I'm becoming environmentally conscious in my old age. I am fortunate to have come in to a few bob and now have a budget of around €40,000 to spend on a new car. Are hybrids as environmentally friendly as the manufacturers claim or would I be better off spending my money on something like a Mercedes-Benz C 200 CDI and keeping it for 10 years?
Filed under hybrid - Asked by Martin Kinsella (Mayo) - Wed, 05 May 2010 22:15
There has been a lot of debate about the benefits of hybrid cars, but few would disagree that they are a step in the right direction. The principle of the current crop of hybrids, for those that don't know, is that a standard petrol engine is combined with an electric motor, with the result being better fuel consumption and lower emissions. The original Toyota Prius was the first mass-produced hybrid on sale and Toyota has just released the third generation of the model and it promises to be more refined and cleaner than ever.
There are other alternatives such as the Honda Civic Hybrid, which isn't bad either, or the Honda Insight, while at the top end of the scale Lexus does three hybrids, the GS 450h, the LS 600h and the RX 450h. In the case of the Lexus hybrid technology it's as much about giving the cars higher performance as it is increasing efficiency.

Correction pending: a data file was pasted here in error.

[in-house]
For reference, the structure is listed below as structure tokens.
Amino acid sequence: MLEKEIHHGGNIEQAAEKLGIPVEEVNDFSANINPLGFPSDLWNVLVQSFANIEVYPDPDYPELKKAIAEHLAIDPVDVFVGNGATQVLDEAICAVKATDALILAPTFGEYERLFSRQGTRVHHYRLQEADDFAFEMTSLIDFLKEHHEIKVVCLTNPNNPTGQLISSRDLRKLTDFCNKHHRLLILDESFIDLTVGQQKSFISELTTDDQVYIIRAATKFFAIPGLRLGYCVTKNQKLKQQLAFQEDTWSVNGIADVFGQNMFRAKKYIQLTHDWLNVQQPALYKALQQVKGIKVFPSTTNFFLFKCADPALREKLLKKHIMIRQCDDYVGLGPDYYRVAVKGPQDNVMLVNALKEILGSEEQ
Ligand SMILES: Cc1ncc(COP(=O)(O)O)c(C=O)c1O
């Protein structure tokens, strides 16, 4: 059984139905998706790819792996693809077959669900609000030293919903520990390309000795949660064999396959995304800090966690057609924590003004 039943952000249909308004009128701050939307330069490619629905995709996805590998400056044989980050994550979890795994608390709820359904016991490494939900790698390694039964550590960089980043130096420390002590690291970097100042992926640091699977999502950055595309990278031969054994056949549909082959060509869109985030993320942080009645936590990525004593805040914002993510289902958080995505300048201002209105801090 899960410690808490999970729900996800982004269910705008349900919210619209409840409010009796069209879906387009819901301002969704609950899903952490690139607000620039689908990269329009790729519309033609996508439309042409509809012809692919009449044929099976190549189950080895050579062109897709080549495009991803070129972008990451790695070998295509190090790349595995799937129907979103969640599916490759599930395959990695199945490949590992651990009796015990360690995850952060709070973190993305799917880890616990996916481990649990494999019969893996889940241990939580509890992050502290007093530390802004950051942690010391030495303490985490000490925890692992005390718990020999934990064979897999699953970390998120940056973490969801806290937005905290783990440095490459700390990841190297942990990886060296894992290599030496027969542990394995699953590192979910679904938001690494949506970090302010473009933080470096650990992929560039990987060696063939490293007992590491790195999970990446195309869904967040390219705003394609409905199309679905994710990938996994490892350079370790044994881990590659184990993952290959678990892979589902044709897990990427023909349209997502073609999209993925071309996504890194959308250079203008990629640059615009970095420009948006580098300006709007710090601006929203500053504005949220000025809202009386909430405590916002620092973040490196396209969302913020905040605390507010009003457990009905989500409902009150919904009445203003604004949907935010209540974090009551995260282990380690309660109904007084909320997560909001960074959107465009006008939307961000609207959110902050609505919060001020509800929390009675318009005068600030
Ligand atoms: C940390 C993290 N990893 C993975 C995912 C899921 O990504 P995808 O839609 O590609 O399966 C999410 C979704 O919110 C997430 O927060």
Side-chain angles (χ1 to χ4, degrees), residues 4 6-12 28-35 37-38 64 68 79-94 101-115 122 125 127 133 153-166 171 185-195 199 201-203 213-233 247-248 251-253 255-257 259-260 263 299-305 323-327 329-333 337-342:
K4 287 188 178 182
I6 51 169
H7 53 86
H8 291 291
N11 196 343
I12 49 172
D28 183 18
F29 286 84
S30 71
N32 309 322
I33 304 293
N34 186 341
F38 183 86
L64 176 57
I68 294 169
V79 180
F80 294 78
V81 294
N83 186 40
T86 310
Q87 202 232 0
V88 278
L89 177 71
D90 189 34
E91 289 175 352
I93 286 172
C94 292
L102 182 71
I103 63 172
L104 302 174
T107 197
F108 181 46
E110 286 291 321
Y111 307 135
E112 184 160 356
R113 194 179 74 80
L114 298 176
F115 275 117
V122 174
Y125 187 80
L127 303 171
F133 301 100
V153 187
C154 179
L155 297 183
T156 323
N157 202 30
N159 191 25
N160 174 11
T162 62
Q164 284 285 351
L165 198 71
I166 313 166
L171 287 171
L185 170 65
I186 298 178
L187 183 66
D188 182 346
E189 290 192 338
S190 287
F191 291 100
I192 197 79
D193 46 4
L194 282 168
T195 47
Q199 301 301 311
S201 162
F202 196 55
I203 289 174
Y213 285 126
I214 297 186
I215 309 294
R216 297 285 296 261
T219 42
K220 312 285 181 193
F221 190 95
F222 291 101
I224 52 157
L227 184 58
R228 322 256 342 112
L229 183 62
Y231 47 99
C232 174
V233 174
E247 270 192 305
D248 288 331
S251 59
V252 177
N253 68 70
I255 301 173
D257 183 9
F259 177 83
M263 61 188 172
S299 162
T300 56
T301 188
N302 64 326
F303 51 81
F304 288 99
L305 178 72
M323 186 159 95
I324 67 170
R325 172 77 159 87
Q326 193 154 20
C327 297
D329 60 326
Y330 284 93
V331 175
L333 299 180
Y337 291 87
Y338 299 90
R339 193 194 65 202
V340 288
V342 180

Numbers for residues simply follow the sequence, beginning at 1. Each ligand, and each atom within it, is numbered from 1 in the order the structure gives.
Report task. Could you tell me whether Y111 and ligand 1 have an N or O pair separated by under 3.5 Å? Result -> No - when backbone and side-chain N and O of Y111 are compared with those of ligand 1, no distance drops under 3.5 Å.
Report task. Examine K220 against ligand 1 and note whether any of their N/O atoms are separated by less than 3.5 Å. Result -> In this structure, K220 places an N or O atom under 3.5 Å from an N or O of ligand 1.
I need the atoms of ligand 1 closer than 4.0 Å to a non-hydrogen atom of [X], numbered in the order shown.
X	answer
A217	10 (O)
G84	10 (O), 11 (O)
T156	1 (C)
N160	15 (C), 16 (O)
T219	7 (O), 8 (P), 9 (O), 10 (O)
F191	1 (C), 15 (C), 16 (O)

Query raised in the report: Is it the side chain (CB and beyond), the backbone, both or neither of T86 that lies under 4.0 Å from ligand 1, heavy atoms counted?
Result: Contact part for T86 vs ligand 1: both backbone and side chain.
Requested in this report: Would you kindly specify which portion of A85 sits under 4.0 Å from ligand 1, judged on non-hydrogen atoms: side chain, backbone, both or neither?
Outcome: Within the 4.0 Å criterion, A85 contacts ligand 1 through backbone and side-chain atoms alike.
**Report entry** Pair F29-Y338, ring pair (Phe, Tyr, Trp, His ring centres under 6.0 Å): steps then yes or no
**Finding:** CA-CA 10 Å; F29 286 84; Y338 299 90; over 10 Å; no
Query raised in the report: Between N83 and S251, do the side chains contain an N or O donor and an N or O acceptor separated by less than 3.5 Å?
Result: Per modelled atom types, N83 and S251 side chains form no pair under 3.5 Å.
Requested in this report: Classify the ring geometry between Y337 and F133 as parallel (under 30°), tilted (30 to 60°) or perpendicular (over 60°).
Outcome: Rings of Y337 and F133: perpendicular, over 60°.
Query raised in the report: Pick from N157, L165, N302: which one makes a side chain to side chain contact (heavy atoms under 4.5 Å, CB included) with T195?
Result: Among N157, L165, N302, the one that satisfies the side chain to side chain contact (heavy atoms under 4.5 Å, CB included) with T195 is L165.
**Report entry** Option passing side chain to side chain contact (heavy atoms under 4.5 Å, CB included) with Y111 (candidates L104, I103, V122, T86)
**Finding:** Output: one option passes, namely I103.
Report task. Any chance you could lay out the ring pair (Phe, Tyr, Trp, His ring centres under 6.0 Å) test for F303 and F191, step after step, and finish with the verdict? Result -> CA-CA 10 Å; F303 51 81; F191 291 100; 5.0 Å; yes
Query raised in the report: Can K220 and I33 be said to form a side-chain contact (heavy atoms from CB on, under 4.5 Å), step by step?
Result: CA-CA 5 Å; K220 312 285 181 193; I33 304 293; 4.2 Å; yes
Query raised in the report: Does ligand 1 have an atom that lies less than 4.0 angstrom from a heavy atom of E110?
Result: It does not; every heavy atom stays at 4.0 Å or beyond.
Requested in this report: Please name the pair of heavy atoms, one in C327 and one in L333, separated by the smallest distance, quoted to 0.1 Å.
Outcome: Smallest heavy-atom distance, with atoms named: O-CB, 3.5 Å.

A hybrid is cleaner in so far as official emissions figures are very low. The Prius emits less then 90g/km, which will make it the cleanest petrol car on sale in Ireland. In some cases you could get better fuel economy from a diesel engine though.
With a budget of €40,000 you could easily get into the new Prius when it arrives in October, as the car is expected to cost about €28,000 and this will be a very cheap car to run, so it seems the natural choice. Bear in mind that even cleaner technologies will arrive soon, including those in the Opel Ampera and even a new plug-in version of the Prius.Answered by: Complete Car Adviser